Michael Bublé says he was raised by parents who taught him about “empathy, unconditional love and general acceptance,” which is why he’s not down with people who have issues with those who are different than them.
Speaking with the U.K. paper The Guardian, he says, “I’m not a politician. I don’t want to be a politician. But I see all these people talking about the LGBTQ+ community, and we’ve got bigger problems. Those are not problems.”
“Just accept it. How does it change your life? Just love people,” he adds. “Mental health is a big issue in places like America. Gun control is a big issue. Identify how you want to identify, and God bless you.”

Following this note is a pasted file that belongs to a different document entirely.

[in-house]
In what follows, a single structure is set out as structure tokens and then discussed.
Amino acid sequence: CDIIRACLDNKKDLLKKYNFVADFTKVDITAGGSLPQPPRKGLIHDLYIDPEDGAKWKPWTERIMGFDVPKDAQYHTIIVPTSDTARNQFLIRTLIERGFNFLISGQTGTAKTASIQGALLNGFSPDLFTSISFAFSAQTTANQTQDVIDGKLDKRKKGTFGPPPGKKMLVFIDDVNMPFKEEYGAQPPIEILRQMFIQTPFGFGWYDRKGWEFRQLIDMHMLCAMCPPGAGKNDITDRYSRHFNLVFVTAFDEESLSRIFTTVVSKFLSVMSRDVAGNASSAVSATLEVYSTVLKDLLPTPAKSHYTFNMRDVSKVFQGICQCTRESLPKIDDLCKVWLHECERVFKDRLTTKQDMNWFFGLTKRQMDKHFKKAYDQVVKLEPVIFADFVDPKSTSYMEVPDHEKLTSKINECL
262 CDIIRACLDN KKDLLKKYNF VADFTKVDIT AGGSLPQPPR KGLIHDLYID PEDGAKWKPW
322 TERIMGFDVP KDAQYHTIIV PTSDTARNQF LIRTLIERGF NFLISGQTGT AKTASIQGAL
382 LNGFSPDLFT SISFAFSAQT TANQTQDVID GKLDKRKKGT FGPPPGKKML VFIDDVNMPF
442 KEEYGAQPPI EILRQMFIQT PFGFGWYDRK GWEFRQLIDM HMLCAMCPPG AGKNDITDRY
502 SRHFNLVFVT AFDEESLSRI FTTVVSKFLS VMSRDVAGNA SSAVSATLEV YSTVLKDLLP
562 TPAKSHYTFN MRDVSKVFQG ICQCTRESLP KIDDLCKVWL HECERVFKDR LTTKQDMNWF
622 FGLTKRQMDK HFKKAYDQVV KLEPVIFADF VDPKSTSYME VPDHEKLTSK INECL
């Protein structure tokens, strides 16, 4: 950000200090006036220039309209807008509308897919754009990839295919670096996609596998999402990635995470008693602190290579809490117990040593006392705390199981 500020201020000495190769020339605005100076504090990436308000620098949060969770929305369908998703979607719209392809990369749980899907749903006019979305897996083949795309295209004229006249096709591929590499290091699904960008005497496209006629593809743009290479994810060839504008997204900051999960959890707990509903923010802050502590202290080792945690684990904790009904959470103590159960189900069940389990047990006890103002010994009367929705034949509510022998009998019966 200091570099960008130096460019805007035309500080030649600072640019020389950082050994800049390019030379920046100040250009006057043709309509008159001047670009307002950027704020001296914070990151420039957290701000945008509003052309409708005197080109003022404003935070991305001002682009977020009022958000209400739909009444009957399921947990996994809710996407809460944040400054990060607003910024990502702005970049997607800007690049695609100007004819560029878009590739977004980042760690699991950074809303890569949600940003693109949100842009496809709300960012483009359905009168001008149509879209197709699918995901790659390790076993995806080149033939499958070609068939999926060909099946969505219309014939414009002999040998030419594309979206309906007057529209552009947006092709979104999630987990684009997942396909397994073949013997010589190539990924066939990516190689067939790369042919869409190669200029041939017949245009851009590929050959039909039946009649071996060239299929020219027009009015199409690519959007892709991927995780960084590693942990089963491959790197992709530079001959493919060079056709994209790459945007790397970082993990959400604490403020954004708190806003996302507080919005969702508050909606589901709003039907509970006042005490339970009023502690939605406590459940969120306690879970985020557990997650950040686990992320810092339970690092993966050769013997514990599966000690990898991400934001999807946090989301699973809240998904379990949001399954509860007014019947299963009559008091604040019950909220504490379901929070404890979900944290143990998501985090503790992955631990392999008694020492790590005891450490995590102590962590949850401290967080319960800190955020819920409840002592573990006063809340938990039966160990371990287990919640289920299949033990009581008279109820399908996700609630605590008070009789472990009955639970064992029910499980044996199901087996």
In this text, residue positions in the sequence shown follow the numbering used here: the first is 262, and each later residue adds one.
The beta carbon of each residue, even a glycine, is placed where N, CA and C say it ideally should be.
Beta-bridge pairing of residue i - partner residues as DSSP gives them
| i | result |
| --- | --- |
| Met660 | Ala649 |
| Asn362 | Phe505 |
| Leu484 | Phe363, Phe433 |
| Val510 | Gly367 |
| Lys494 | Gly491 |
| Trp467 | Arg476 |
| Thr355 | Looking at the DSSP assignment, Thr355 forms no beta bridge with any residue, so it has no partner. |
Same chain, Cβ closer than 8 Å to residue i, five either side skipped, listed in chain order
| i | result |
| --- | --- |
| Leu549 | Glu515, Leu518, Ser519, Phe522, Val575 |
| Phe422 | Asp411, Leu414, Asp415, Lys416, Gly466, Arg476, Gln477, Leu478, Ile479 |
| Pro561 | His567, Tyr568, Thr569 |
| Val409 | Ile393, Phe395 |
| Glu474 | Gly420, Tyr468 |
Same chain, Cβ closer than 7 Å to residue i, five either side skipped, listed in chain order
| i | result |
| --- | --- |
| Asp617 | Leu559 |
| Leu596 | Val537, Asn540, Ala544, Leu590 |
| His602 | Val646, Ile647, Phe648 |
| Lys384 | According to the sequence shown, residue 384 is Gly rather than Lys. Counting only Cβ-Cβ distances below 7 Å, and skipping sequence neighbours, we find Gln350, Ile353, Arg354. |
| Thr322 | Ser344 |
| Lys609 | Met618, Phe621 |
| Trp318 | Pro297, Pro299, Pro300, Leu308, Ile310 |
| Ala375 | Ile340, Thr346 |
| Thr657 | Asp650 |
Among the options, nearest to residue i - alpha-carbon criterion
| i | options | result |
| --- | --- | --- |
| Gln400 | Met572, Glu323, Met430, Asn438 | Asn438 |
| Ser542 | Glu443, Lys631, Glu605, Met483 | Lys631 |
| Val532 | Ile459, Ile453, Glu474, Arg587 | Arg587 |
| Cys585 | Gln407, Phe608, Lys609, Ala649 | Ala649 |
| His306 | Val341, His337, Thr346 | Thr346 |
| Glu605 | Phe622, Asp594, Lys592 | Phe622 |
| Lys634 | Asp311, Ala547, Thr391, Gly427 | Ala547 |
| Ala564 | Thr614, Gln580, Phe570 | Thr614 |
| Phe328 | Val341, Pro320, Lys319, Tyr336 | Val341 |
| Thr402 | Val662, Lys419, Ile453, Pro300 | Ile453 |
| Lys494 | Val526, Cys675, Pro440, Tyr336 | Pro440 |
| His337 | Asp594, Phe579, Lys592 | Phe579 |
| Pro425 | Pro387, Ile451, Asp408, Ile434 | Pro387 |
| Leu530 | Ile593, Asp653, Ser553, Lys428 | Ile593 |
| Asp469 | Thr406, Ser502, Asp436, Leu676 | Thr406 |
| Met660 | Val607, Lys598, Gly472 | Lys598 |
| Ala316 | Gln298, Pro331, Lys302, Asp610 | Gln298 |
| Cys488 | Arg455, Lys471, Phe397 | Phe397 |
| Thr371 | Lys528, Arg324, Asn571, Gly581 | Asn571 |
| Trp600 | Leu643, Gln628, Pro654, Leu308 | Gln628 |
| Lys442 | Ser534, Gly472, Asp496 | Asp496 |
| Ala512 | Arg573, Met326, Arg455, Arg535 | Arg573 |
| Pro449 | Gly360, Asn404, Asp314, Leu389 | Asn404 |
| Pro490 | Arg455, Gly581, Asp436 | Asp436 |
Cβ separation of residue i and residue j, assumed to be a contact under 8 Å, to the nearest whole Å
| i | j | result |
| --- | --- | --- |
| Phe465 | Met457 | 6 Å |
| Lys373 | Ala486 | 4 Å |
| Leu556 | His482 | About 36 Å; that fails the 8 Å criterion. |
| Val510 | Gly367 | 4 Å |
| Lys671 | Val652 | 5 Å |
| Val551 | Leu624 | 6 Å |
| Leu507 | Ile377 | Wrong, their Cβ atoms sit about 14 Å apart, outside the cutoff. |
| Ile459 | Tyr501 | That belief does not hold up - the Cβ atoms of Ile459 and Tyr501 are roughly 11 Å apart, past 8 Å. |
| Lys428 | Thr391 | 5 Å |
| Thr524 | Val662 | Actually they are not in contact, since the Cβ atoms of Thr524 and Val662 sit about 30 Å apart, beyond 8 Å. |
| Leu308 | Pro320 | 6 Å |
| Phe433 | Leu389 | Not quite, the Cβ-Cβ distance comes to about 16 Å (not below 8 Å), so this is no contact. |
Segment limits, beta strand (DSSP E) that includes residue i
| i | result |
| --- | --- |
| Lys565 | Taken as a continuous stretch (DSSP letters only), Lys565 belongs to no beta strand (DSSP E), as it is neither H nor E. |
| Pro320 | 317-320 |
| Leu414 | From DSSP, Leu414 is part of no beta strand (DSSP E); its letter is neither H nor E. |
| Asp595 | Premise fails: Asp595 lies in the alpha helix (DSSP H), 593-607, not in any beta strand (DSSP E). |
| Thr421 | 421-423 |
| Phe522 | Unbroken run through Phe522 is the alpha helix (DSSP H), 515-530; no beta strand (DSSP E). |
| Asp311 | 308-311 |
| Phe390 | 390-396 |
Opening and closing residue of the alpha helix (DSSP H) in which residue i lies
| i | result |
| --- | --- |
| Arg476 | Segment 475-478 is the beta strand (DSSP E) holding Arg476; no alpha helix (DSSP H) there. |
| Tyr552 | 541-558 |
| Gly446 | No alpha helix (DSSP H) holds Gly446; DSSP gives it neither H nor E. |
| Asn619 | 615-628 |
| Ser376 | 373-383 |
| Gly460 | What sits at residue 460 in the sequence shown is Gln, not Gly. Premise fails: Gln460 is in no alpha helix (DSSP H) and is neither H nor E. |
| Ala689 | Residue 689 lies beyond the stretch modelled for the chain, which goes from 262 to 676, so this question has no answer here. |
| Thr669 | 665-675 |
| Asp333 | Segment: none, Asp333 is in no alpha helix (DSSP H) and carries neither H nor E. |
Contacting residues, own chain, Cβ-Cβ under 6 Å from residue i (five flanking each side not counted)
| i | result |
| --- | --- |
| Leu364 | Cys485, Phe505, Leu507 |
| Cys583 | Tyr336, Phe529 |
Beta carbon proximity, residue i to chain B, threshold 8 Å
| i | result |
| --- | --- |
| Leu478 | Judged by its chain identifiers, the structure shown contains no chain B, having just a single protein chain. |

But while Michael is disappointed that the world today is a “splintered and shattered” place, he thinks his concerts, at least, are one of those rare places where he can see people from all walks of life come together.
“The world is divided by ideology, race, masks, no masks, sexuality. That’s why I love what I do, by the way,” he notes. “When I looked out at that audience last night, I did not see black or white or gay or straight or rich or poor or young or old. I did not see any divide. I didn’t see people who were vaccinated or unvaccinated, people who were for or against a war.”
Instead, he says, “I saw 15,000 people singing together and laughing together and living life and celebrating life together. How could that not be the pinnacle of greatness? This is the best of us.”
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